Apple pays later
Courtesy: Apple Inc.
Apple is transforming itself into a fintech company.
The company announced on Monday several new features for the iPhone’s Wallet app at the developer conference that directly compete with other fintech companies’ products such as to assert Other PayPal. The most important one: a buy now, pay later service called Apple Pay Later. That announcement sent Affirm shares down more than 5% on Monday and fell another 4% on Tuesday morning.
Apple also wants to roll out a new payment system later this month that lets you pay someone by tapping your iPhone against theirs. It is a direct competitor of to block‘s Square. And Wallet in iOS 16 will allow you to track the online orders you purchase through Apple Pay.
All of this points to one of the most interesting corners of the Apple ecosystem: a growing suite of financial products within the Wallet app. Many of these features aren’t designed to make money directly for Apple, but they make Apple Pay more attractive to those who haven’t tried it yet (Apple takes a small percentage of each Apple Pay transaction, so the more people use it, the better it is for Apple. .) Like most of the major new features in iOS, it’s also another mechanism for keeping customers stuck in the Apple ecosystem and switching to a new iPhone when they’re ready.
But the new features of Apple’s wallet are also coming at a time of great economic uncertainty. Inflation is still going crazy. Gas prices continue to hit record highs. And there are a lot of very real fears about an impending recession. It may be a tough time for Apple to launch a new product designed to entice people to buy more stuff if these trends persist throughout the year.
Apple’s new rivals in space buy now, pay later have struggled in recent months as consumer spending has shifted from goods to services. Other fintech and crypto companies such as Robin Hood, PayPal Other Coinbase they fought again this year.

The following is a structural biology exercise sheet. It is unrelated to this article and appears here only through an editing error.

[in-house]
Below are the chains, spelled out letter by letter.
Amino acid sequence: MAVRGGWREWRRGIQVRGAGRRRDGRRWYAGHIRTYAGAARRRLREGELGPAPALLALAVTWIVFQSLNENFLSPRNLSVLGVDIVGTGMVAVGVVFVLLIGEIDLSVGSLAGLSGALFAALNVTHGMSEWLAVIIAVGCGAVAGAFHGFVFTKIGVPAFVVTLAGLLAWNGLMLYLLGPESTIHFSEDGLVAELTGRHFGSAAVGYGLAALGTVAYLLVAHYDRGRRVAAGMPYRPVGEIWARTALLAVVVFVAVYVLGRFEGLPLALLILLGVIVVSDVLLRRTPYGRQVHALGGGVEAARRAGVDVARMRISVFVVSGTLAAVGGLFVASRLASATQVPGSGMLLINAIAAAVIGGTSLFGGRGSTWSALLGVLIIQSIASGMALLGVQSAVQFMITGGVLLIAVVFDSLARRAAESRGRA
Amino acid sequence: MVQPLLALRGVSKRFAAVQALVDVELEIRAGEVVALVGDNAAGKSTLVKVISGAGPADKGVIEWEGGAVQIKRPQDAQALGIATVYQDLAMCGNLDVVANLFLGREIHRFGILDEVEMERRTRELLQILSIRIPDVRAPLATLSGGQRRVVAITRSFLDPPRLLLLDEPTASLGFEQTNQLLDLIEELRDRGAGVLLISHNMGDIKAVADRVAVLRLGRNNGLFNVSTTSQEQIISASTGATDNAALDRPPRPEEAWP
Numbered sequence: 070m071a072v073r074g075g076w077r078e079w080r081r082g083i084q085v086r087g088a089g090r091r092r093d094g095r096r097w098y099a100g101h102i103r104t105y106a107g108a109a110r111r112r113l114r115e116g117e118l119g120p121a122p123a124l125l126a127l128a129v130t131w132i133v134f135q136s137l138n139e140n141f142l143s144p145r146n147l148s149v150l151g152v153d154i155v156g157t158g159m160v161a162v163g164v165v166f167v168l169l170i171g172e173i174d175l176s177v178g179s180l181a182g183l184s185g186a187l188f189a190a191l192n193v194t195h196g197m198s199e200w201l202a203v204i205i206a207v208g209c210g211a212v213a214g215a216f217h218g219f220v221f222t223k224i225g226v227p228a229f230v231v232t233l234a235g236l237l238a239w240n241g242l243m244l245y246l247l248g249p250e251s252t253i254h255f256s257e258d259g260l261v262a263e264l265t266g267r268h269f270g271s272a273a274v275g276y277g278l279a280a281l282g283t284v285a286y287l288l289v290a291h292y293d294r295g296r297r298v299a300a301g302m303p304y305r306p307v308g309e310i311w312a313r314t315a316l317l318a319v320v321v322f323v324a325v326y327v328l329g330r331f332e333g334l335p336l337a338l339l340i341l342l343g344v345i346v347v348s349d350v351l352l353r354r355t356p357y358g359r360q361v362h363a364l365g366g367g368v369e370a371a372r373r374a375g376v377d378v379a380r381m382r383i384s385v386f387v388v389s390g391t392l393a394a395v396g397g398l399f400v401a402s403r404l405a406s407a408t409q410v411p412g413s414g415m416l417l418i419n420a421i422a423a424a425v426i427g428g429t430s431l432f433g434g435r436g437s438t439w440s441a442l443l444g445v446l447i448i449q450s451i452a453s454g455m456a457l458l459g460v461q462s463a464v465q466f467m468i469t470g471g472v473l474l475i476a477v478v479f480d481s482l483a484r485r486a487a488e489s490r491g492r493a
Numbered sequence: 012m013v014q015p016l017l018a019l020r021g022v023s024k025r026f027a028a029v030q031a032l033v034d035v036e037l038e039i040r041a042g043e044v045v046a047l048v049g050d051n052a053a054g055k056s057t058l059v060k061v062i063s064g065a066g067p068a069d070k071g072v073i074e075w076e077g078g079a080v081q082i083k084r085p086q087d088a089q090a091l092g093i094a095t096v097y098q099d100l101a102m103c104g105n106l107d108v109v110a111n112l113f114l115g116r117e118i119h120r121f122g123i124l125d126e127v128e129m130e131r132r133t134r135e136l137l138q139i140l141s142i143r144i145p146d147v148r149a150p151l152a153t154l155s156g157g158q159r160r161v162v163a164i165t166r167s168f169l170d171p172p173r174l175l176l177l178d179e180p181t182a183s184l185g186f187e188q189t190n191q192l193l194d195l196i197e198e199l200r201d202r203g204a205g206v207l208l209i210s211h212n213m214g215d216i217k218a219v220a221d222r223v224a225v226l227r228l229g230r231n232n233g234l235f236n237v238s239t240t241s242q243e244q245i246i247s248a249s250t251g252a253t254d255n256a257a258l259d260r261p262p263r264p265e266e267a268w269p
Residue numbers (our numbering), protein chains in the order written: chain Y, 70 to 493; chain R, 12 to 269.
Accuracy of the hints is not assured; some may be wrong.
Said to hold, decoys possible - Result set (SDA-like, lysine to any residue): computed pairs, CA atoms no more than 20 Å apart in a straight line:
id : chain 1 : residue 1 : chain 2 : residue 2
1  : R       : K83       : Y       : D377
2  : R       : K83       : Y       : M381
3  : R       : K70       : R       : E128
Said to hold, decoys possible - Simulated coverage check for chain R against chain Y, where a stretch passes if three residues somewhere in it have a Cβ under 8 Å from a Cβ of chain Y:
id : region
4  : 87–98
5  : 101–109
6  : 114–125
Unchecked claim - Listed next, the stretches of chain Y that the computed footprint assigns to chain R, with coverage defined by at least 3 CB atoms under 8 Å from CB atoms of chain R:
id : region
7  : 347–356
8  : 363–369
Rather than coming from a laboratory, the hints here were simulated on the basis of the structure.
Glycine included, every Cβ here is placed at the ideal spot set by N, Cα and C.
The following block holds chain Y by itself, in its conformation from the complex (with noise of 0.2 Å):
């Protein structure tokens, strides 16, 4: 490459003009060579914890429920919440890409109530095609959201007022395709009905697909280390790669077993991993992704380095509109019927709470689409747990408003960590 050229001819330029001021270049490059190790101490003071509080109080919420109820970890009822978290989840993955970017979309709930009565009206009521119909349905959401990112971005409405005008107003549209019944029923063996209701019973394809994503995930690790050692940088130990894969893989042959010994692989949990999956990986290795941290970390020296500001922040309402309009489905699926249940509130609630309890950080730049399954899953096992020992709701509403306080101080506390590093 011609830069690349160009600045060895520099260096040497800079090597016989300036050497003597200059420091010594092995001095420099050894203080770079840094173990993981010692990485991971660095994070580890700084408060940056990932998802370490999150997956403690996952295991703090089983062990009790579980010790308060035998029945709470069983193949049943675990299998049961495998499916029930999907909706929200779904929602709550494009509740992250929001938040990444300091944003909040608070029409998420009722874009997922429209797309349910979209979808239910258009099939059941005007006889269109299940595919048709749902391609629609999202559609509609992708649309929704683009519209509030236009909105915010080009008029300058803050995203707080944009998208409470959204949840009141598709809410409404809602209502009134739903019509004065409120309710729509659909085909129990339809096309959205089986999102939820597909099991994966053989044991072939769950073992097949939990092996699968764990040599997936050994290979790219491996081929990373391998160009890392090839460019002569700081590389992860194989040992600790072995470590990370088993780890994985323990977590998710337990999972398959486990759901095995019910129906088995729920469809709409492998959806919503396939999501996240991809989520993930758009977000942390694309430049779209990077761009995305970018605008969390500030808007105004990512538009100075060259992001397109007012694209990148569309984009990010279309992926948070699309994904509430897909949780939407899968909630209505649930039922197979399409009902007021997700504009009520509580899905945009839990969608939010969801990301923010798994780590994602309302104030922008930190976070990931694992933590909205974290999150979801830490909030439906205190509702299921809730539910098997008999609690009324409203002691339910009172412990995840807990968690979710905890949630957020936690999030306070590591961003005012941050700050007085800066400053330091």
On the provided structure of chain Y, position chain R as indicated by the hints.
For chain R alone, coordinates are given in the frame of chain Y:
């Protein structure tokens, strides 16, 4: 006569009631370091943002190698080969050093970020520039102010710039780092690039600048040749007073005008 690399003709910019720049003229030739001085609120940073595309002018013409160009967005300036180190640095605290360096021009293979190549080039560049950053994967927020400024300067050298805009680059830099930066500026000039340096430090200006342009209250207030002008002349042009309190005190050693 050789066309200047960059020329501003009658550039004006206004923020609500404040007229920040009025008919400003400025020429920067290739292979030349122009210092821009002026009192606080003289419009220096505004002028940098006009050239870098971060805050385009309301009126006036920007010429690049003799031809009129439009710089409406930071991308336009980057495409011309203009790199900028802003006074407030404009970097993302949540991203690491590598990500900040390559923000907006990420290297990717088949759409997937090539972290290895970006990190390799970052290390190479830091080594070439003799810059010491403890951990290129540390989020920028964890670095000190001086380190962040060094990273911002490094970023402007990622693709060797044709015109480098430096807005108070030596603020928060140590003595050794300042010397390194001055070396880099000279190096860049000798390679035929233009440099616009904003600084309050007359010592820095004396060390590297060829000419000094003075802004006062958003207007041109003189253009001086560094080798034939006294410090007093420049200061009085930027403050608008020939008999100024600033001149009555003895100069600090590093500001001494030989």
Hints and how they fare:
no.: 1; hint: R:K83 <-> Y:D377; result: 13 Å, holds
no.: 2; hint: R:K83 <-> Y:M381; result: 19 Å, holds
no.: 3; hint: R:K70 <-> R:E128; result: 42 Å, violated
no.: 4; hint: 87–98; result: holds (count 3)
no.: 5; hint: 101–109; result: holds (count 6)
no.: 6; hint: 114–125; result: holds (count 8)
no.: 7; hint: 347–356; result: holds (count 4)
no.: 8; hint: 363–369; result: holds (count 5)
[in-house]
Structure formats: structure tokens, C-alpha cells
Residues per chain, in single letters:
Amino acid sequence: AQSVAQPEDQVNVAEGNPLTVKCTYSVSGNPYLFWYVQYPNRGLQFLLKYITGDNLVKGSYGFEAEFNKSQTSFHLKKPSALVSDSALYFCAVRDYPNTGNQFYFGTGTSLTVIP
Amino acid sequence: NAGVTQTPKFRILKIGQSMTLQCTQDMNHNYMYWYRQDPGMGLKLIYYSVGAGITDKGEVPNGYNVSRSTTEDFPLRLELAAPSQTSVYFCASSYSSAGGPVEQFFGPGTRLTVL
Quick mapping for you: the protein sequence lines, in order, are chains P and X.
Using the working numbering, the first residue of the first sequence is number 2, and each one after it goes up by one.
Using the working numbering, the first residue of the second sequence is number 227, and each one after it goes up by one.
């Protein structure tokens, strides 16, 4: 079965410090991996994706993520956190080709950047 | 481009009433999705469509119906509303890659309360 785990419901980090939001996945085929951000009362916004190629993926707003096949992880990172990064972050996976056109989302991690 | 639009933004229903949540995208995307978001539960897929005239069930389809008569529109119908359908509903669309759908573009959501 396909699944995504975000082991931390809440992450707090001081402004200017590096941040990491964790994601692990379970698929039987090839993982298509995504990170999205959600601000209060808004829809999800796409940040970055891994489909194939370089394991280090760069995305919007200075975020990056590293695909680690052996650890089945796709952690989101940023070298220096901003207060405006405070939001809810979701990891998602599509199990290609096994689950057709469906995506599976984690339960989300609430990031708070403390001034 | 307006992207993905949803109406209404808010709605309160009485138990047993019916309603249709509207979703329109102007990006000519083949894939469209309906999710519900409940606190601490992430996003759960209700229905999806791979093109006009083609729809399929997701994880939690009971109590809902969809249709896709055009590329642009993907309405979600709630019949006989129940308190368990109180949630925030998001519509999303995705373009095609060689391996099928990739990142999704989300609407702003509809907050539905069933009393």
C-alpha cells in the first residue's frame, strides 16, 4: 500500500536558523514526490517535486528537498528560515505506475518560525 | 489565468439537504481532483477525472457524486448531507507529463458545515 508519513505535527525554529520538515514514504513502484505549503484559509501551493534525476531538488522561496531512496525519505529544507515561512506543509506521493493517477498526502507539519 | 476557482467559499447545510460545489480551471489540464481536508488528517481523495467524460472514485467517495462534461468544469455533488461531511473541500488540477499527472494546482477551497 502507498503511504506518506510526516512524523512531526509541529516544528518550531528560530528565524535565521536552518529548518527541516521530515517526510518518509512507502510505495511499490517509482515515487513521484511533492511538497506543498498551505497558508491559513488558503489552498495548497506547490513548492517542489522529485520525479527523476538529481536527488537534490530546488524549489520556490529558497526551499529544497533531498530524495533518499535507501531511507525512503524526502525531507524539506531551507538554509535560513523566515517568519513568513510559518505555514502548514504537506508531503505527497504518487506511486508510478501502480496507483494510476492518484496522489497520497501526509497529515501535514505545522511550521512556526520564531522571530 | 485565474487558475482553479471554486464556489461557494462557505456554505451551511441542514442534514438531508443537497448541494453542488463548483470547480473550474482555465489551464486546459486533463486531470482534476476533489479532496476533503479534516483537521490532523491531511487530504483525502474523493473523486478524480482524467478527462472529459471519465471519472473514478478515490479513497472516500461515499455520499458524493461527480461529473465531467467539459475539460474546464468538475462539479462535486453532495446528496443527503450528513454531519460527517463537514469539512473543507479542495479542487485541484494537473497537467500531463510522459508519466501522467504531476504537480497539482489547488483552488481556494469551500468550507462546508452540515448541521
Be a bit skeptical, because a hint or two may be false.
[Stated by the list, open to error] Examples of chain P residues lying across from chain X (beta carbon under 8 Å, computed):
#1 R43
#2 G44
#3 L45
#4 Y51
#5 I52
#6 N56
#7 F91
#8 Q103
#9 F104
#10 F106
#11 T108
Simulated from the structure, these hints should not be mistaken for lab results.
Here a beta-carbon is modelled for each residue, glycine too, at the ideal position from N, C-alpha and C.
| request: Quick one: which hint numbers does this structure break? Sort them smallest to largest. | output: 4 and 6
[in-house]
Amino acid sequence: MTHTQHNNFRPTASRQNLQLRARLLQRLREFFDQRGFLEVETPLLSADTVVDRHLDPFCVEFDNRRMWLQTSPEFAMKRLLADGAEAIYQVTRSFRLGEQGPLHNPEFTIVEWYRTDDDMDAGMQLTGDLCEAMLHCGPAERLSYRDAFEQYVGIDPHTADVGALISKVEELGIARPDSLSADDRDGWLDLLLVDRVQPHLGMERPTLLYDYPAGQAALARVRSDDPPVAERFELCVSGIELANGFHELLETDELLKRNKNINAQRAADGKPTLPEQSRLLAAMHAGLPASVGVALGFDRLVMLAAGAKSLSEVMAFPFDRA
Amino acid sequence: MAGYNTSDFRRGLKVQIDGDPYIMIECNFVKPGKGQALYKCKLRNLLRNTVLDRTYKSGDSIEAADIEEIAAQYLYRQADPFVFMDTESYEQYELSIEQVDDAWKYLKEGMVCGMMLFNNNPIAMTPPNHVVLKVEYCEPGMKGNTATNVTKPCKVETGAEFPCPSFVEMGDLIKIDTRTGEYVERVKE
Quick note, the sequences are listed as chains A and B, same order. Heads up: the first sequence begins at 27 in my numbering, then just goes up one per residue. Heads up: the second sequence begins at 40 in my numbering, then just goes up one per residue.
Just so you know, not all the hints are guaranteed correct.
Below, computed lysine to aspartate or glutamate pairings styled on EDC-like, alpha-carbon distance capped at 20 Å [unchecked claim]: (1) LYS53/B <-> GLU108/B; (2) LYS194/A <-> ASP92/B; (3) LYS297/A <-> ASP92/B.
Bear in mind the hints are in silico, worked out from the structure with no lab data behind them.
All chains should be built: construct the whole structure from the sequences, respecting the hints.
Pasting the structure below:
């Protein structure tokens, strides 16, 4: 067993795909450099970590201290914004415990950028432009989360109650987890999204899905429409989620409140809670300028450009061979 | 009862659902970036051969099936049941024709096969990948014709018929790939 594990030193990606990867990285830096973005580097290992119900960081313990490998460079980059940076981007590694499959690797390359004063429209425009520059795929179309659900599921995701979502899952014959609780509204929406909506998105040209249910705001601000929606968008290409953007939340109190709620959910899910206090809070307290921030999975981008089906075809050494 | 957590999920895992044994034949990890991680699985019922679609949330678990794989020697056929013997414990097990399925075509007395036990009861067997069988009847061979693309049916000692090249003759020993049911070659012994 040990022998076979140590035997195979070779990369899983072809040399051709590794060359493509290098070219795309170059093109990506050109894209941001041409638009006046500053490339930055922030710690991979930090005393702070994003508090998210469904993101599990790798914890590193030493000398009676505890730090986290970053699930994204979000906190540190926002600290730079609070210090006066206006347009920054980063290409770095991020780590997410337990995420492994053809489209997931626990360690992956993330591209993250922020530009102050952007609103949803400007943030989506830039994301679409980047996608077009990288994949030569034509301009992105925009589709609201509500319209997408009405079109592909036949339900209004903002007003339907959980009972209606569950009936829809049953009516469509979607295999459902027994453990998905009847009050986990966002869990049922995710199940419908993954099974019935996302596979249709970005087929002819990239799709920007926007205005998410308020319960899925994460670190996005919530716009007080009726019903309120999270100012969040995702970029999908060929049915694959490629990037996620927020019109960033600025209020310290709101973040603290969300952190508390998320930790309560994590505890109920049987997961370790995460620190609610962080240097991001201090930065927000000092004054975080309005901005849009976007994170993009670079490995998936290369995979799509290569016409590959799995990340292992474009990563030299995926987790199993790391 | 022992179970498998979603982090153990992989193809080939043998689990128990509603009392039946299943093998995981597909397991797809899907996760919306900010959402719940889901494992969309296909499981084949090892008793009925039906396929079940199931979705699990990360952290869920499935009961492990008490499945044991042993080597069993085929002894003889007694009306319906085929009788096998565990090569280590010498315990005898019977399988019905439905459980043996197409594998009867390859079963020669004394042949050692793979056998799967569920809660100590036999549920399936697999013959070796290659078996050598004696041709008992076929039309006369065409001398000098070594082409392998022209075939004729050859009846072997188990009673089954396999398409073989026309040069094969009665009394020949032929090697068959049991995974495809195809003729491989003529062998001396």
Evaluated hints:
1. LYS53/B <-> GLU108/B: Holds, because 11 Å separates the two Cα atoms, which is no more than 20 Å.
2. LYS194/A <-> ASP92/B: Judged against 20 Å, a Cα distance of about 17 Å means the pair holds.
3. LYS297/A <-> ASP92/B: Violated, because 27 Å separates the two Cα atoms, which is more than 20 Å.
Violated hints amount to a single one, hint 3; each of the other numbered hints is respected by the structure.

Apple has a long-term vision for Wallet. When the company revealed the latest features on Monday, executives said the ultimate goal is for the digital wallet app to replace everything in your physical wallet.
But things are moving slowly in some areas, like last year’s feature that lets you add your driver’s license, which is only available in a couple of states in the US and with a few more expected soon. Again, you can only use the ID at TSA checkpoints at a Phoenix airport. Car manufacturers have also been slow to adopt the iOS feature which allows you to store a digital version of your car key on your phone.
However, Apple told me yesterday that there is little concern about that slow adoption. The hope is that consumer demand will push third parties to adopt the technology.
On the fintech side, however, Apple is building a foundation to provide a boost to its payment business by layering more features in Apply Pay and Wallet beyond just using your iPhone, instead of your credit card, to pay for things. And due to Apple’s size with over a billion devices in use, many more people are about to be exposed to these products.